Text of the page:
'Retaliation Risk' - What Wall Street Thinks Ahead Of Market Open

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by Tyler Durden
Sunday, Apr 14, 2024 - 05:25 PM

The first actual 'market' response we have seen to Iran's attack on Israel is in crypto, which saw - rather intriguingly - a huge puke as the drones/missiles flew, and then some comeback as the impact of the attack seemed marginal at worst (and for now retaliation remains muted)...

Source: Bloomberg

But, this afternoon is when things will really heat up as FX and futures markets open, with much riding on whether Iran’s unprecedented weekend strike on Israel triggers rounds of retaliation.

Amid already frayed nerves from resurrected inflation fears and higher-for-longer rates outlooks, geopolitical risk premia will be forced top of mind.

“Investors’ natural reaction is to look for safe-haven assets in moments like this,” said Patrick Armstrong, chief investment officer at Plurimi Wealth LLP.

“Reactions will be somewhat dependent on Israel’s response. If Israel does not escalate from here, it may provide an opportunity to buy risk assets at lower prices.”

For now, the optimists may be winning as Iran’s statement that “the matter can be deemed concluded” and a report that President Biden told Israeli PM Netanyahu that the US won’t support an Israeli counterattack against Iran, seems to be driving down the odds of a more escalatory retaliation (meaning anything other than a 'theatrical' response).

Bloomberg reports that stock markets in Saudi Arabia and Qatar posted modest losses under thin trading volumes...

Source: Bloomberg

...while Israeli stocks fluctuated and ended with a very modest gain.

Source: Bloomberg

“Middle Eastern markets opened with relative calm following Iran’s attack, which was perceived as a measured retaliation, rather than an attempt at escalation,” said Emre Akcakmak, a senior consultant at East Capital in Dubai.

However, the market impact might extend beyond the Middle East due to secondary effects on oil and energy prices, potentially influencing the global inflation outlook.”

Worries about turmoil in the region have also been filtering through global markets. The S&P 500 is coming off its biggest weekly decline since October on the back of higher-than-expected inflation and disappointing bank earnings.

Here’s what investors and analysts are saying (courtesy of Bloomberg):

Erik Meyersson, chief emerging markets strategist at SEB:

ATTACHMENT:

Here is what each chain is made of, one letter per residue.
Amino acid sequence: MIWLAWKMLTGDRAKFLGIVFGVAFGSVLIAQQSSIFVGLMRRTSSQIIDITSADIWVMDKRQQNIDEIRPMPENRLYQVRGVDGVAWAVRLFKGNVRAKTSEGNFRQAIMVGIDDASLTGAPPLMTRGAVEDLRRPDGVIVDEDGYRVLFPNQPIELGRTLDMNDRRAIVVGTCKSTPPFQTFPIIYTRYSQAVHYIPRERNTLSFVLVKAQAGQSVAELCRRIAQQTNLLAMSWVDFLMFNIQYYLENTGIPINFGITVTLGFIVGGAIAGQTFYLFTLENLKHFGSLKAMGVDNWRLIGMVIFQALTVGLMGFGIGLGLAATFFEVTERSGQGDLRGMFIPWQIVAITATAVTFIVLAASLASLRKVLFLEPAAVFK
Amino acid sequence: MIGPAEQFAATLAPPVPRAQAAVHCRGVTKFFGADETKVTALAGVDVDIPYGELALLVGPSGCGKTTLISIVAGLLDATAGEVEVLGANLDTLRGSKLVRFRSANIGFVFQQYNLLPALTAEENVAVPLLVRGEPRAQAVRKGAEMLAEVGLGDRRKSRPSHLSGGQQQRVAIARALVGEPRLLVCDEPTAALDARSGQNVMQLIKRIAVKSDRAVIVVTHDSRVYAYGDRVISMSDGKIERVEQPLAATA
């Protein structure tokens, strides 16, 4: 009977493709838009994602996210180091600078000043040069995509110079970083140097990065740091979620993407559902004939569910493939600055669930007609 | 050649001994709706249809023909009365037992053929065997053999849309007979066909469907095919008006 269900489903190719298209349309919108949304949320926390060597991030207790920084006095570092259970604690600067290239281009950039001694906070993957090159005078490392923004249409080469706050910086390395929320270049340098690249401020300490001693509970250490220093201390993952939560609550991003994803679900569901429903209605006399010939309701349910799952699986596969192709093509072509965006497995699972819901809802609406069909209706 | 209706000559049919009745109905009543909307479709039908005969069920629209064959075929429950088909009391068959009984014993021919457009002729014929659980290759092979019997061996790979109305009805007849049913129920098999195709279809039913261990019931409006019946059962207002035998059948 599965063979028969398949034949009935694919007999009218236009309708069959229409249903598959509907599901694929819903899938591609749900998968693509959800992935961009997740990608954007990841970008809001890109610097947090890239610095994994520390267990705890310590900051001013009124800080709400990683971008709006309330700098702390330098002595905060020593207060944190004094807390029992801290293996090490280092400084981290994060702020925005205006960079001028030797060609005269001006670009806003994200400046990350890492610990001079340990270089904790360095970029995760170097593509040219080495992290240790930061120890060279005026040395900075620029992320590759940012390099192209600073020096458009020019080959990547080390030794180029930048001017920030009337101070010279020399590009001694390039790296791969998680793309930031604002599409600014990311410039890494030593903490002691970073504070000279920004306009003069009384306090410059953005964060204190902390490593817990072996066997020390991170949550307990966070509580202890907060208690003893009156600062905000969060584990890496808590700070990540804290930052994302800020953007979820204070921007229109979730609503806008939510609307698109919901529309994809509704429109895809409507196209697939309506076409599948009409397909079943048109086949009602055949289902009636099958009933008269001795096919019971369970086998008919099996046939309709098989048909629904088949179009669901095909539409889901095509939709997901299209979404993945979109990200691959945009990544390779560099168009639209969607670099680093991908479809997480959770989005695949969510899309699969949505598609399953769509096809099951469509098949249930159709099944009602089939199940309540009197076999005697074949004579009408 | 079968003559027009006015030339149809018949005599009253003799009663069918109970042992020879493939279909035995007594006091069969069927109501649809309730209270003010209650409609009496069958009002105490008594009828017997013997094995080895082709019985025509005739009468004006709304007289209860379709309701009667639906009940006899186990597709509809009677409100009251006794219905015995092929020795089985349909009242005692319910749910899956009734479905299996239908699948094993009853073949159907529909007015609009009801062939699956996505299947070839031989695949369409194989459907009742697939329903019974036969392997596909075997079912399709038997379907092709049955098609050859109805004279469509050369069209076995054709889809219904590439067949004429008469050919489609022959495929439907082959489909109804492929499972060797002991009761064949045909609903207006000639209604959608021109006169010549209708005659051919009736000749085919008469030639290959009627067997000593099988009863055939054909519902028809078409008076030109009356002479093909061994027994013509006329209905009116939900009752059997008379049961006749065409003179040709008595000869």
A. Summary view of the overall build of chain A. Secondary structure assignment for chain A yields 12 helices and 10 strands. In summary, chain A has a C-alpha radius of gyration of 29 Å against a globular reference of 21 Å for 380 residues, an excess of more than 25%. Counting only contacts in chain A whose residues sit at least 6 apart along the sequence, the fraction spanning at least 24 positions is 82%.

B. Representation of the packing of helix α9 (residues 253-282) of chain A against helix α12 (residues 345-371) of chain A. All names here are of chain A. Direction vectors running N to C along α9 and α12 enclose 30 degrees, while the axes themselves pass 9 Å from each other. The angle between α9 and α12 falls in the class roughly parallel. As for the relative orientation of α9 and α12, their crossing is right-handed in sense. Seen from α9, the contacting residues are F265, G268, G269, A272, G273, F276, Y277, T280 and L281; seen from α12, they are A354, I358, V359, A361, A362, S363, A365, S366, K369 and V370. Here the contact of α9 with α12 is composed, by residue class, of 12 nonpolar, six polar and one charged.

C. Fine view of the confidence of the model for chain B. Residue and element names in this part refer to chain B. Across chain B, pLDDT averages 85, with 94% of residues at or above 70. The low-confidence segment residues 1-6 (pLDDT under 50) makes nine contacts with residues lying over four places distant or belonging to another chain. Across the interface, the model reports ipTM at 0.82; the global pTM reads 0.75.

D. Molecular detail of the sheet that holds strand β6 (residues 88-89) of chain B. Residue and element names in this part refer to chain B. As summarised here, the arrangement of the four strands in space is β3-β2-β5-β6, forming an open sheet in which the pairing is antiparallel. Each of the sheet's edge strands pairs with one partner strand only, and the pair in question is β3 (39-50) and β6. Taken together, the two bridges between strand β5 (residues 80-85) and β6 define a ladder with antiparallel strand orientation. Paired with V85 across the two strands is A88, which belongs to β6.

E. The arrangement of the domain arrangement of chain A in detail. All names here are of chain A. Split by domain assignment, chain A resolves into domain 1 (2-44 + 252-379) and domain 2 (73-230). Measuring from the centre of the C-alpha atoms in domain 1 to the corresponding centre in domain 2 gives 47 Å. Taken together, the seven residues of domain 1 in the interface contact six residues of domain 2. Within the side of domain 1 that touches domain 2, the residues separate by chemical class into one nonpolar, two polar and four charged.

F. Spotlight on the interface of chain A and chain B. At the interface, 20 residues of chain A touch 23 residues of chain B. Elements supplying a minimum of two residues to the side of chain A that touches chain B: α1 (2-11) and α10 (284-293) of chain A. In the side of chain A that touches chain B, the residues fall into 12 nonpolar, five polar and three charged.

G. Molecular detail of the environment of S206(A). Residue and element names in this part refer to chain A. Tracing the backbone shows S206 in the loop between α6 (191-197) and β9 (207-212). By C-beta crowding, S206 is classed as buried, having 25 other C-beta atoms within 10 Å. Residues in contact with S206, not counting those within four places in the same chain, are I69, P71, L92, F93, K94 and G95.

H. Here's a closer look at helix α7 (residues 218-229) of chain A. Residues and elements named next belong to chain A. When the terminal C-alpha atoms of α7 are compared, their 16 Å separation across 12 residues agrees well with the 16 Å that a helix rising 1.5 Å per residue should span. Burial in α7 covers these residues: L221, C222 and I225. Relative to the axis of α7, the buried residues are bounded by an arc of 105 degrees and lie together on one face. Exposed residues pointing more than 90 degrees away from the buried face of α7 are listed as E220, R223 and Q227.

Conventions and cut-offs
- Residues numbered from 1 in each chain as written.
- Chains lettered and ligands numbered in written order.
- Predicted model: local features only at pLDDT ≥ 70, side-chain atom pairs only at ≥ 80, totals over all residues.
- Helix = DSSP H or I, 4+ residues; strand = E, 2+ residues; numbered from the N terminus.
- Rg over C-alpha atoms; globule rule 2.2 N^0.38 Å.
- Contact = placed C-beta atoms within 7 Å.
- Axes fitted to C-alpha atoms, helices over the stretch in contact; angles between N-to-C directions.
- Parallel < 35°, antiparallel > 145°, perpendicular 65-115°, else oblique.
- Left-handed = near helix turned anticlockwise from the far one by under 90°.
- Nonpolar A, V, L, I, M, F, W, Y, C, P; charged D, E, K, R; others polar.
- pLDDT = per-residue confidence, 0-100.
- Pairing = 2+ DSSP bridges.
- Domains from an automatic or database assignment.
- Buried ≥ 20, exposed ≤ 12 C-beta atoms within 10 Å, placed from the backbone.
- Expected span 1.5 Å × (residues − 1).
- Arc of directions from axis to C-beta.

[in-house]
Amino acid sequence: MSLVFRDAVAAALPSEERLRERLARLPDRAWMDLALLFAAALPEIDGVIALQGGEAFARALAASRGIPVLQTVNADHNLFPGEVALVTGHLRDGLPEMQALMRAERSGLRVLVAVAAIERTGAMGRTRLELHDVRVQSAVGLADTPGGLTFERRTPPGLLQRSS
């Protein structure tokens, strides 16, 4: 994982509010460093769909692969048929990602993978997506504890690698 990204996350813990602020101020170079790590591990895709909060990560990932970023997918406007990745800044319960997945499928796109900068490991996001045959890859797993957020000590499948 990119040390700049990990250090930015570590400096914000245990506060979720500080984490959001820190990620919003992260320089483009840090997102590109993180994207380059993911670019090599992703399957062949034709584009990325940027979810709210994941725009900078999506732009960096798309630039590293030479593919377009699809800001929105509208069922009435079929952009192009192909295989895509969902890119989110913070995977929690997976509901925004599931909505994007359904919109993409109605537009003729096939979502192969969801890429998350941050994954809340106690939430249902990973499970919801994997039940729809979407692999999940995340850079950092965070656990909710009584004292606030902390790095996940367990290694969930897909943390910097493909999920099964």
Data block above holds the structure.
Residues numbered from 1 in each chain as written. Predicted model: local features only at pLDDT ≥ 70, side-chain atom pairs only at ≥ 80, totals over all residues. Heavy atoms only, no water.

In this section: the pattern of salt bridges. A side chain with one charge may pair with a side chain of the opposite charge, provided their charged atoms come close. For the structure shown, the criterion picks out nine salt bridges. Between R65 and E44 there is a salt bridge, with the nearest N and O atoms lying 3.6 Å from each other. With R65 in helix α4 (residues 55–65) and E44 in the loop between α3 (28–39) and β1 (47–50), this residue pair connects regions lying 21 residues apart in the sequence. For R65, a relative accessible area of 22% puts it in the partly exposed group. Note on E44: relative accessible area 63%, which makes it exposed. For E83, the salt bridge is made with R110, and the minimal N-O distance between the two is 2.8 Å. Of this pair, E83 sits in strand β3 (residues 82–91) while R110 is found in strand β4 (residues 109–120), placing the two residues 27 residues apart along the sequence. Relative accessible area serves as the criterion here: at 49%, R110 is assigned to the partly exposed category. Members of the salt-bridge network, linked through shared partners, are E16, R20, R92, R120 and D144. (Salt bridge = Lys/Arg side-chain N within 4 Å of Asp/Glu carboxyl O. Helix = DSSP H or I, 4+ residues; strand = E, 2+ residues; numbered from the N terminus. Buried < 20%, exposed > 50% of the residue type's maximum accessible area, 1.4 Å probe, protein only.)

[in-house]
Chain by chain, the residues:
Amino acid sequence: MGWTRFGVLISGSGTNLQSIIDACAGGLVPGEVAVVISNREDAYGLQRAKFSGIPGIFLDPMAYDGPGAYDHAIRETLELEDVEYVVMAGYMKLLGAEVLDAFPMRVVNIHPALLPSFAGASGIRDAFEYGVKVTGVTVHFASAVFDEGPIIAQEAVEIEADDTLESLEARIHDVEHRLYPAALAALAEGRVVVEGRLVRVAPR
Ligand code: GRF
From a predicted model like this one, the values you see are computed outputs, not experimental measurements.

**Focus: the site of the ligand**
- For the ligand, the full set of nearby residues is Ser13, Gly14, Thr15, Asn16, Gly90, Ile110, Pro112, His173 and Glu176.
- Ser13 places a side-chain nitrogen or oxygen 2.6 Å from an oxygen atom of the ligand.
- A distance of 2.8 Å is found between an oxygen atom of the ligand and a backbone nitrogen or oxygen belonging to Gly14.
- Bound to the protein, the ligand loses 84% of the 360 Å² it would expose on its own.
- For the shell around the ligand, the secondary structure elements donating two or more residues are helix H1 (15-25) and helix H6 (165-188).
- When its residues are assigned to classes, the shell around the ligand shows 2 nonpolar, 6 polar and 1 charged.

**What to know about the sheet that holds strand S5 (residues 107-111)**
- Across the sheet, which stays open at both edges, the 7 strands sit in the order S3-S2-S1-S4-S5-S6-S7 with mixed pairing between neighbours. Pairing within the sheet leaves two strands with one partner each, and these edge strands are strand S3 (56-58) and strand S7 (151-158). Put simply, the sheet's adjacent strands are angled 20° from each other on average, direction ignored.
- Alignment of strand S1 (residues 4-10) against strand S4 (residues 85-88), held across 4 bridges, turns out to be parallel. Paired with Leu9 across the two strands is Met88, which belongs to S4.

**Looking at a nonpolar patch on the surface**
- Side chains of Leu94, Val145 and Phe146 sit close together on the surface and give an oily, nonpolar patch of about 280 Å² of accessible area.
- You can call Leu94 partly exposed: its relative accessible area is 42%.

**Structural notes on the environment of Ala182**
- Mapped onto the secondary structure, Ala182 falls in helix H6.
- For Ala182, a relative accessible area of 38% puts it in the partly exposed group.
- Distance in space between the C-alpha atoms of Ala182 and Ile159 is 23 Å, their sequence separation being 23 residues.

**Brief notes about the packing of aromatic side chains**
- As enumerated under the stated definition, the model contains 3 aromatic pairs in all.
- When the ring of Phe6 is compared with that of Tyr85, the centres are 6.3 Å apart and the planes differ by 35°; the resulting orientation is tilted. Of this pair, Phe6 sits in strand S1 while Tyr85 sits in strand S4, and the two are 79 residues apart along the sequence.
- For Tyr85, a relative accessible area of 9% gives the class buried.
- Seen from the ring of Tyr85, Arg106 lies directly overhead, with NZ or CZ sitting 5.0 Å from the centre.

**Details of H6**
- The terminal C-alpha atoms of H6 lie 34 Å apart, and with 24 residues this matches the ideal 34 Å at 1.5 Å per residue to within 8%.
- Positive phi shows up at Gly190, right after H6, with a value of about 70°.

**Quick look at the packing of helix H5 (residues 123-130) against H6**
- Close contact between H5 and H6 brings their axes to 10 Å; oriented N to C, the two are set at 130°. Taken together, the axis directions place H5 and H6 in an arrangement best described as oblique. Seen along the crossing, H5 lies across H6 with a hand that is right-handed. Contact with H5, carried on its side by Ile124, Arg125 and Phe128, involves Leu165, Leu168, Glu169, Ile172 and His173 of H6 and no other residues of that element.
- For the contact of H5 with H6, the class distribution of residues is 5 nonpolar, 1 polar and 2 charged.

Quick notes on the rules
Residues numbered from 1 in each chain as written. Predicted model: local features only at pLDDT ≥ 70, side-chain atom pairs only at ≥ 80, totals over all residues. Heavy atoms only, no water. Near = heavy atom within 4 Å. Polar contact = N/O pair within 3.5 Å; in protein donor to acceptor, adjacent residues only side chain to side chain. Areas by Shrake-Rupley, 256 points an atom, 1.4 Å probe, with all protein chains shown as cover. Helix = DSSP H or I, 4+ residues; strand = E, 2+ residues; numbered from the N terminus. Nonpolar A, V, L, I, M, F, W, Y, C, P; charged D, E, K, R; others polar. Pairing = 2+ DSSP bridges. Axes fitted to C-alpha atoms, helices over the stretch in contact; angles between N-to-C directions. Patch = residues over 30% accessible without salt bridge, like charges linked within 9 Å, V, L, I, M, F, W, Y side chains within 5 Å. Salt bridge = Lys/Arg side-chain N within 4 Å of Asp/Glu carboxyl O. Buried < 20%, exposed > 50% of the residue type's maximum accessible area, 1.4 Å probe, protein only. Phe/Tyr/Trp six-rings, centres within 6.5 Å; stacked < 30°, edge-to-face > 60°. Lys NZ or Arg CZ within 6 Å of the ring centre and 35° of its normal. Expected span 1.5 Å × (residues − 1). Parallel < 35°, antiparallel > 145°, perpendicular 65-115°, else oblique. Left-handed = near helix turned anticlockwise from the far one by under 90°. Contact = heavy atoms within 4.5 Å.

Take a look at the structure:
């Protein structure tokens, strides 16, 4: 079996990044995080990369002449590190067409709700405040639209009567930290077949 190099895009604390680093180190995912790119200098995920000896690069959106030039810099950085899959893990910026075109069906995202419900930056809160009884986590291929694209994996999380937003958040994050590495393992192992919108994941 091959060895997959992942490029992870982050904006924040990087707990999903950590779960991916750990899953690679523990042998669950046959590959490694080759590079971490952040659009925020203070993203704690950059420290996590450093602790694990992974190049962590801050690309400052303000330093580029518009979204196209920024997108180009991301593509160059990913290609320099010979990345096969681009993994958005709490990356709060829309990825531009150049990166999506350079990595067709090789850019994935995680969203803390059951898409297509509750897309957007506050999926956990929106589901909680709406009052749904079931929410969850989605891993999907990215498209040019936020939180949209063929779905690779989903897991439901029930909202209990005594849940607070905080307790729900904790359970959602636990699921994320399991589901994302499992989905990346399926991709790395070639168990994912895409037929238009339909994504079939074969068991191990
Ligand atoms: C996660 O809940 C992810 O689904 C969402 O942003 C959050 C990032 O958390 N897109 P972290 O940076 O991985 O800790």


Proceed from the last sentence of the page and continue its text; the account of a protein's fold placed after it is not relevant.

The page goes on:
“Our oil analysts do not see much sign of a geopolitical risk premium in oil prices so far. We expect this to reflect market perceptions of low risks of escalation up until now. This equilibrium is likely to be tested if Iran and Israel continue to attack each other.”

Gonzalo Lardies, senior equities fund manager at Andbank:

A new environment of uncertainty is now opening up, but the market on Friday already partially priced in this situation, so if it does not get worse the impact should not be very high. The risk is if this situation escalates and there is contagion in the region.”

Alfonso Benito, chief investment officer at Dunas Capital:

I wouldn’t expect sharp drops given how Israel has defended its air shield. We should see defense companies up, oil up and gas up, while airlines could decline. Bonds will rise, but I don’t think excessively. Investors could take advantage to partially correct the increases of recent months.”

Joachim Klement, a strategist at Liberum:

“The reaction will very much depend on the reaction of Israel today and whether the US can manage to restrain Benjamin Netanyahu.”

In the next couple of days, stock markets will focus on the geopolitical situation, rather than central bank action or the strong economy in the US. Hence, we expect the rally to stall until there is more clarity if the situation in Iran-Israel calms down. If we end up in a shooting war between Israel and Iran, then the rally will be stalled for longer.”

Mark Matthews, strategist at Bank Julius Baer in Singapore:

“The good thing is that Iran did warn about the attack well beforehand. Military analysts say it was done in a way that minimized casualties. I don’t see why it would cause Fed rate expectations to fall more or it would cause the oil price to go up a lot. Iran is trying to defuse this and so is the US. The key is what Israel’s answer will be, and then Iran’s answer to that. If Israel does a de-escalatory strike, and then the Iranians do an even more de-escalatory strike, then it will be over with.”

Geoff Yu, senior strategist for EMEA Markets at BNY Mellon in London:

There is scope for further accumulation of dollars, even with recent buying after the CPI data. Our clients remain overweight the euro, Canadian dollar and some high-carry currencies such as the Mexican peso, so this is where we would watch for rotation in the greenback’s favor.”

Neil Shearing, chief economist at Capital Economics in London:

Our sense is that events in the Middle East will add to the reasons for the Fed to adopt a more cautious approach to rate cuts, but they won’t prevent it from cutting altogether. We expect the first move in September. And assuming that the energy prices don’t spiral over the next month or so, we think that both the ECB and BOE will cut in June.”

US equity and bond futures will open at 6 p.m. New York time Sunday; FX markets before that.